# Calculating acceleration due to gravity on an alien planet

1. Homework Statement
On an alien planet you throw a stone upward and measure the times Ta and Tb. The difference in heights of point a and point b is h. Calculate the acceleration due to gravity.
Ta = 7.1s; Tb= 4.4s; h = 15.1m

2. Homework Equations
a = dv/st
v(t) = vo - gt

3. The Attempt at a Solution
I have tried solving a = t*(2gh)^.5. I have also tried a = 2h/(Ta-Tb). I keep getting numbers that are far too great I believe based off of the numbers I am given.

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Hootenanny
Staff Emeritus
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1. Homework Statement
On an alien planet you throw a stone upward and measure the times Ta and Tb. The difference in heights of point a and point b is h. Calculate the acceleration due to gravity.
Ta = 7.1s; Tb= 4.4s; h = 15.1m

2. Homework Equations
a = dv/st
v(t) = vo - gt

3. The Attempt at a Solution
I have tried solving a = t*(2gh)^.5. I have also tried a = 2h/(Ta-Tb). I keep getting numbers that are far too great I believe based off of the numbers I am given.
I'm afraid that you cannot use either of those two equations, since you do not know that initial and final velocities of the stone. And what is that g doing in your attempt at the solution? Here g and a are the same thing.

Can you think of a better kinematic (SUVAT) equation to use rather than the one that you have chosen?

I don't understand how you are suppose to use kinematic equations when you do not have any of the variable to work with.

Hootenanny
Staff Emeritus
Gold Member
I don't understand how you are suppose to use kinematic equations when you do not have any of the variable to work with.
Well that not quite right, we do no some things. Let's make two lists. First, write down that variable that you want to find out. Second, write down a list of everything that you know.

okay so we have two time variables, a height displacement and we want to find acceleration. But most equations ask for velocity, which I do not know. So do I need to solve for the velocity at each time given. Then find the difference between those velocities and then divided that by the difference in time?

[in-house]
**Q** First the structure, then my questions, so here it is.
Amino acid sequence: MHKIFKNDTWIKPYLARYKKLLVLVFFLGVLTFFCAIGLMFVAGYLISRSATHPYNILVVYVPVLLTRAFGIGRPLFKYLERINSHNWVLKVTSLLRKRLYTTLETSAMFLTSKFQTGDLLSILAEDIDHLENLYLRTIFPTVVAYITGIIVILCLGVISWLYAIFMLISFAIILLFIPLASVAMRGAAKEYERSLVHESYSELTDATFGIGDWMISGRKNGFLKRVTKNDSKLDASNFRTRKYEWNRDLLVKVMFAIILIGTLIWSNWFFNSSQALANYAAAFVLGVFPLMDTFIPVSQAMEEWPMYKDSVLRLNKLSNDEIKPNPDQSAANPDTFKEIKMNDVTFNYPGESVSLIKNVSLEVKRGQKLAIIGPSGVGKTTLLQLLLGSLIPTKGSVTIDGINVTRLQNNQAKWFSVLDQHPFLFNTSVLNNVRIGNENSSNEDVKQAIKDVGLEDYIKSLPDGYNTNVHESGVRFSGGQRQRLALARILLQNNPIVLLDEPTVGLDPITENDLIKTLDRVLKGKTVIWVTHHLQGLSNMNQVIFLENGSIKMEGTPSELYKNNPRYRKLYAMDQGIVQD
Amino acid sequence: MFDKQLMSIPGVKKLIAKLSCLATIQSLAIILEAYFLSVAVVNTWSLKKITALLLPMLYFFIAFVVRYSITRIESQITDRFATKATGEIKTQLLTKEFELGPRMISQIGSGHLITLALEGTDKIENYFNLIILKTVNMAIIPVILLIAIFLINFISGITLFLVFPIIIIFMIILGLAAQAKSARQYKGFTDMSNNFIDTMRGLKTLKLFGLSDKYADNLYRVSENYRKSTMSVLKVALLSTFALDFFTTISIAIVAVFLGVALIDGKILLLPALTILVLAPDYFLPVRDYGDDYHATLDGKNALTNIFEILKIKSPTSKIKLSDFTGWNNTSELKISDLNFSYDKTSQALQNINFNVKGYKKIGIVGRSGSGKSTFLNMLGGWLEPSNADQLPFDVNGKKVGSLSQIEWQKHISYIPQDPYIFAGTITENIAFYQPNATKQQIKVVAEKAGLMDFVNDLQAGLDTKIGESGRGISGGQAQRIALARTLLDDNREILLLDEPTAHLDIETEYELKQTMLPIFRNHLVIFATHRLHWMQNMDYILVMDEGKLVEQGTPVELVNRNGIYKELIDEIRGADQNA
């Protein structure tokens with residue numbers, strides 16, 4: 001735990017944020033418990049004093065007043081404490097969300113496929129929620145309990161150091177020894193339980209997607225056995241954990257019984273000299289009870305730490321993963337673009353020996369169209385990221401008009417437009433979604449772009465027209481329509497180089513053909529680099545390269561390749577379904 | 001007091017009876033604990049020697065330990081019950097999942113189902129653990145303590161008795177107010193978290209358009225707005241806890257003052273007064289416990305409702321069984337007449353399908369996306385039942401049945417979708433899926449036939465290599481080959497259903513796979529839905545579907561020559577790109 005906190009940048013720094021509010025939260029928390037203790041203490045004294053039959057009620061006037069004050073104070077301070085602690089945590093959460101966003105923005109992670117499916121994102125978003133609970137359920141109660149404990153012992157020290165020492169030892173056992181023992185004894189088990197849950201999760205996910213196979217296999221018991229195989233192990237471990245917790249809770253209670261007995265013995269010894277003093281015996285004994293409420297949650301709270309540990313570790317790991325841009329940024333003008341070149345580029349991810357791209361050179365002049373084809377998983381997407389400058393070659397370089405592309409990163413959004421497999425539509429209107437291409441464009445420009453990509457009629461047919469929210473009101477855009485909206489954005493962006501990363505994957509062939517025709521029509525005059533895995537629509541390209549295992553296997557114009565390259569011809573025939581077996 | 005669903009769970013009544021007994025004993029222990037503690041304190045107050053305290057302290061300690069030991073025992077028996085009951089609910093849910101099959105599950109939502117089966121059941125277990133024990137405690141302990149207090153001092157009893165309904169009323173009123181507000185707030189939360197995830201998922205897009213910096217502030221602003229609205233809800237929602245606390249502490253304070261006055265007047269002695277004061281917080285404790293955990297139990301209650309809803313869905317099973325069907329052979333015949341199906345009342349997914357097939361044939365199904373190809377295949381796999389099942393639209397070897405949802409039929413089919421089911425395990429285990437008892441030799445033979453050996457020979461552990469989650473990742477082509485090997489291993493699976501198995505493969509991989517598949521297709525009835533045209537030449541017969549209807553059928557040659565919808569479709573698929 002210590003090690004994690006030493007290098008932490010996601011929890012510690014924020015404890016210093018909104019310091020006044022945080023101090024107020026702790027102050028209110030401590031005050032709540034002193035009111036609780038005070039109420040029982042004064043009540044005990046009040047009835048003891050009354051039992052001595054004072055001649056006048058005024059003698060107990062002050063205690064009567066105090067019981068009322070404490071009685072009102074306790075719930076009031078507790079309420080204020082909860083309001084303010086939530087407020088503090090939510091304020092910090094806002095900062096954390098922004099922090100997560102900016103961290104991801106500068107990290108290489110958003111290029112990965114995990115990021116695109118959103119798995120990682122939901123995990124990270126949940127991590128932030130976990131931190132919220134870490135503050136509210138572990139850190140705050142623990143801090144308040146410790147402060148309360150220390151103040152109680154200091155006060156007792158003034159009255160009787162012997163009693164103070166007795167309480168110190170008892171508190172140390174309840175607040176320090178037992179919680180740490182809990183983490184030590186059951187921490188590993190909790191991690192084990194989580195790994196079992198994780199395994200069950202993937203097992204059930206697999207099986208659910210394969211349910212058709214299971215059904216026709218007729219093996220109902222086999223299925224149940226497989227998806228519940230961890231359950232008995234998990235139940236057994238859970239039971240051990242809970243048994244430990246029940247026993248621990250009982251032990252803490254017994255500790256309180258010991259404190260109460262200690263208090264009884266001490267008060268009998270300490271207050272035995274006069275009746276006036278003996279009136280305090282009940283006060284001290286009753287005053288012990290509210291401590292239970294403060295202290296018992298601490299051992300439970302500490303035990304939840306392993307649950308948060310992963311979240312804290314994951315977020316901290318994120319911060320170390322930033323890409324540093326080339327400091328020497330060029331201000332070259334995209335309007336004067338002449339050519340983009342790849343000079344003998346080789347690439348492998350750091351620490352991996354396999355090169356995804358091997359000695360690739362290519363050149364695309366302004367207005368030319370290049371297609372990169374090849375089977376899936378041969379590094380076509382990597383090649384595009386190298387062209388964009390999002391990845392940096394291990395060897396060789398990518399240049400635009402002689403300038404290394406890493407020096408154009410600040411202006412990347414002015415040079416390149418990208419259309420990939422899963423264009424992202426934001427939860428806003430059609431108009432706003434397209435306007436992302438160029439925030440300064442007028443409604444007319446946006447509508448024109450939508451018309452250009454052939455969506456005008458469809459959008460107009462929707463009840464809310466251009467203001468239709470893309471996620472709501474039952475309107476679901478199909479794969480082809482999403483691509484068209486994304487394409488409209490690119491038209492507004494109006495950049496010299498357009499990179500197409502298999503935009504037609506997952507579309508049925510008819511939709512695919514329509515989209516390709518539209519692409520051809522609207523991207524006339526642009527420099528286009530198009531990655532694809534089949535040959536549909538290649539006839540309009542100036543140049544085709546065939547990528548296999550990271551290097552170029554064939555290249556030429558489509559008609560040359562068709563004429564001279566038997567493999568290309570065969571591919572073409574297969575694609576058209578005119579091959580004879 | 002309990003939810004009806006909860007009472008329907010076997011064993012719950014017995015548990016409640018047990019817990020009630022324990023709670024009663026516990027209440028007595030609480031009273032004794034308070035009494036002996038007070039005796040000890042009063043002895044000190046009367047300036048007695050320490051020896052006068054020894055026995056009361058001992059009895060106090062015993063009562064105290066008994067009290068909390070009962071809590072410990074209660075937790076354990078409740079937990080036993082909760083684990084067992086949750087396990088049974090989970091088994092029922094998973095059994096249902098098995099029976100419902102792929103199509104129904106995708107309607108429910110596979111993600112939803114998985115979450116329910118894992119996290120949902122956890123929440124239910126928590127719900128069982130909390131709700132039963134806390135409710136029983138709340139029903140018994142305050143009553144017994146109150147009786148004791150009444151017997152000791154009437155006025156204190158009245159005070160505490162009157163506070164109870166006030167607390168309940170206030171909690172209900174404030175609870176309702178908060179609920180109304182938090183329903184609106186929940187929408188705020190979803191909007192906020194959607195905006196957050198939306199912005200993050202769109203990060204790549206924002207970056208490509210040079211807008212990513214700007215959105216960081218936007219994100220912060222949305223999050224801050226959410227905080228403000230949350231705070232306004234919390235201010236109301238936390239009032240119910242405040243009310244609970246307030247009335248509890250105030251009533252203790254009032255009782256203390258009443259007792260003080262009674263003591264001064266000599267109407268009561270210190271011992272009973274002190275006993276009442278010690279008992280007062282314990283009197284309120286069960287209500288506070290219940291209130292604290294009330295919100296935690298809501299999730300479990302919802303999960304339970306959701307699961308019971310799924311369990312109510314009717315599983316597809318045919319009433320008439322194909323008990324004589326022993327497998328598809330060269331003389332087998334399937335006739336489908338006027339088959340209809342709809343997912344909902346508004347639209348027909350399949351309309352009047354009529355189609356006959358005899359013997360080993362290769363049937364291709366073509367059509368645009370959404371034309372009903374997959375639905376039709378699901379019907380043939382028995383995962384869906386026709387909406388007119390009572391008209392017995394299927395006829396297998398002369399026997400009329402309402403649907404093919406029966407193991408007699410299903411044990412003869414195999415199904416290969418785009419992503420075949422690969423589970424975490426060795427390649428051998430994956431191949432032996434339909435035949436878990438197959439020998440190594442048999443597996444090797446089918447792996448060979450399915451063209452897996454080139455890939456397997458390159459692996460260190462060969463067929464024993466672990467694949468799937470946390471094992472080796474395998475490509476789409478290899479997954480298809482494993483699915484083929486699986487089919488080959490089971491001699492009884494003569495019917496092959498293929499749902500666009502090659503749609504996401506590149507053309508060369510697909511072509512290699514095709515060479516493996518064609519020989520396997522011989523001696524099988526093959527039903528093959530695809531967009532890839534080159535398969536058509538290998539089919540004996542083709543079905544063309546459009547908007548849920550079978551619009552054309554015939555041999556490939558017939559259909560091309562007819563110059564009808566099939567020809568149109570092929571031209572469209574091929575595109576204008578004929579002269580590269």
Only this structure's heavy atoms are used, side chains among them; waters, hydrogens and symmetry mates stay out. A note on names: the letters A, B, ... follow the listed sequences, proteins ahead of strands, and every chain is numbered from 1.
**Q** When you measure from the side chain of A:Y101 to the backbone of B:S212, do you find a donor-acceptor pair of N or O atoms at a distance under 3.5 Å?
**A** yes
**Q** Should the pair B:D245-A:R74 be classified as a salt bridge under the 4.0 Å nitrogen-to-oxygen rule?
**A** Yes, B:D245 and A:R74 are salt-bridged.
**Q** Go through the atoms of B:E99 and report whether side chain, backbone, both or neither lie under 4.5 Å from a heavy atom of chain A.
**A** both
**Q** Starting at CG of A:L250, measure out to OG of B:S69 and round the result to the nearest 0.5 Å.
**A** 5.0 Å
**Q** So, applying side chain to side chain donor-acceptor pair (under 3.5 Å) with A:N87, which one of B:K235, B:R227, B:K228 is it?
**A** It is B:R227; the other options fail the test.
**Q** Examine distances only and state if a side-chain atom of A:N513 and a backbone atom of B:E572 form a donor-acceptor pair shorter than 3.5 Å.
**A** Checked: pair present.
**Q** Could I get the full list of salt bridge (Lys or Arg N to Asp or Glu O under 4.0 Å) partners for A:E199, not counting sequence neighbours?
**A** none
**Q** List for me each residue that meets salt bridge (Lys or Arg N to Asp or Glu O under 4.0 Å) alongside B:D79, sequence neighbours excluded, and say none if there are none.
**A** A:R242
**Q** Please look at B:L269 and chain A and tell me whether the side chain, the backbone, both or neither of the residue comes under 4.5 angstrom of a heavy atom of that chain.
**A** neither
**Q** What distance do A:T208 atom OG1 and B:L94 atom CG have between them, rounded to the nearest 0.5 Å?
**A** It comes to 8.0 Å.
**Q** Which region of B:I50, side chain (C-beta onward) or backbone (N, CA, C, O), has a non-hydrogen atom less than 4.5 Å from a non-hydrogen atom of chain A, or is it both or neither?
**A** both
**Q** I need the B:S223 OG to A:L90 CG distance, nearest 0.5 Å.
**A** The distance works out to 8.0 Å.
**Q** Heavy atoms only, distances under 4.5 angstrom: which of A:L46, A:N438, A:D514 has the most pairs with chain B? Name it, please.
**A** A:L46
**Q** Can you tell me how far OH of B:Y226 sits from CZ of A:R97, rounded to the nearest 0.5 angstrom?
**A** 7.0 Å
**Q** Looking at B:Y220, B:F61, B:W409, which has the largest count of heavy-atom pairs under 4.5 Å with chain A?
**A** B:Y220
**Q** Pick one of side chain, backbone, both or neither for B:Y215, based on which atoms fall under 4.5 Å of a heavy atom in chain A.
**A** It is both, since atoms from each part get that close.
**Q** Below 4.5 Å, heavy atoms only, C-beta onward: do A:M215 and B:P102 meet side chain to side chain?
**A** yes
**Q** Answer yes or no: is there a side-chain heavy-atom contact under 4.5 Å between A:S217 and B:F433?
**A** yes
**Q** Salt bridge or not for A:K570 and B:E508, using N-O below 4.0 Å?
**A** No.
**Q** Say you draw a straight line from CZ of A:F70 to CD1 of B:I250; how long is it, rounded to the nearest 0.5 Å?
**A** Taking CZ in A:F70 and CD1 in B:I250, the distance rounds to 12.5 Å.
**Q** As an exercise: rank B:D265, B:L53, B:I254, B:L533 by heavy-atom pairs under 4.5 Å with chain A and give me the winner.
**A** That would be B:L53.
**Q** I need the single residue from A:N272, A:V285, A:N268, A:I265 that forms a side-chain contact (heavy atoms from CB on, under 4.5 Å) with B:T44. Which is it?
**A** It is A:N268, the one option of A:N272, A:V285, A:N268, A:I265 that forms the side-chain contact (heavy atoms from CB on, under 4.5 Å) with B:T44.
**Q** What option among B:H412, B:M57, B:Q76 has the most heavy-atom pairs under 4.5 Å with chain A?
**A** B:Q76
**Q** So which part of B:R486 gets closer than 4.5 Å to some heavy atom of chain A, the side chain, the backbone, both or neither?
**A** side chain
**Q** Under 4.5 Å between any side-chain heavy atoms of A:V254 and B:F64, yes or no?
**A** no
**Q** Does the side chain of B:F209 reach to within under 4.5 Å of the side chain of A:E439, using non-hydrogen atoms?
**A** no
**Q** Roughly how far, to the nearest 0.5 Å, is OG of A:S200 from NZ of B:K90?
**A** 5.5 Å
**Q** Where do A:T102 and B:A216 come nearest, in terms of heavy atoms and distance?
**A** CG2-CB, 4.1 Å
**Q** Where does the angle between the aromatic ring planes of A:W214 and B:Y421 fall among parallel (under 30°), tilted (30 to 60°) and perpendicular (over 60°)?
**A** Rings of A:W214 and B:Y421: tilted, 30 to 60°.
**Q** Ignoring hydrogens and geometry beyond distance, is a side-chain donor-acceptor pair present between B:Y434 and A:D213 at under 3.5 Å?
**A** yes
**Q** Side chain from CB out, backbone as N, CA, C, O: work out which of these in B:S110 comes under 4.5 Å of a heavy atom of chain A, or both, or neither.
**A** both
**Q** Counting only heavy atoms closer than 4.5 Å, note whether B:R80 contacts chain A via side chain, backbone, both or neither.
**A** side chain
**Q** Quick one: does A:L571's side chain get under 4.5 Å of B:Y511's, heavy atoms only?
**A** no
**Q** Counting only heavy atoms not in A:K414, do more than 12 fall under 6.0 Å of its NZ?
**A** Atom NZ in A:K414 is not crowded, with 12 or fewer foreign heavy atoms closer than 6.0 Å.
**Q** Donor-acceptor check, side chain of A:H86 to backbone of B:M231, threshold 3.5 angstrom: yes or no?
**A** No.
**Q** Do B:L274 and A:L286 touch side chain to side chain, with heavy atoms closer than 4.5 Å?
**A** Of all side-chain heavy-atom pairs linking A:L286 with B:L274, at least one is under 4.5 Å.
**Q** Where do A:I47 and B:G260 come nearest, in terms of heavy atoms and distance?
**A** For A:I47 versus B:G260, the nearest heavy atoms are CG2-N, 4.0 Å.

Hootenanny
Staff Emeritus
Gold Member
okay so we have two time variables, a height displacement and we want to find acceleration.
Good. So now list the (four) kinematic equations for constant acceleration.

v=at+vo
dv=.5(v+vo)
x=.5at^2 + vot + xo
x=dvt + xo = (v^2 - vo^2)/2a + xo

Hootenanny
Staff Emeritus
Gold Member
v=at+vo
dv=.5(v+vo)
x=.5at^2 + vot + xo
x=dvt + xo = (v^2 - vo^2)/2a + xo
Good. So, we know x, t and v1. We want to find out a, but we don't know v0.

Can you use two of the above equations to eliminate v0?

I get: .5at^2 + xo = x

Hootenanny
Staff Emeritus
Gold Member
the only question i have left is: x is equal to h and i assume xo=0 right?

another question: for the time is it the time difference?

Hootenanny
Staff Emeritus
Gold Member
another question: for the time is it the time difference?
Correct.
the only question i have left is: x is equal to h and i assume xo=0 right?
Yup okay so with numbers i get: (2*15.1)/((7.1-4.4)^2) = 4.143 which is not correct. what am i doing wrong?

okay I think I am doing something wrong since I keep getting vt=0.

Hootenanny
Staff Emeritus
Gold Member
okay so with numbers i get: (2*15.1)/((7.1-4.4)^2) = 4.143 which is not correct. what am i doing wrong?
I don't see any reason why your answer should be wrong, except perhaps that it may need a negative sign since the acceleration is vertically downwards.

i have tried -4.143 m/s^2 and it is still wrong

Hootenanny
Staff Emeritus
Gold Member
i have tried -4.143 m/s^2 and it is still wrong
Does the online submission program specify a required accuracy?

i did finally get the answer. Thank you for all your help.

Hootenanny
Staff Emeritus
My pleasure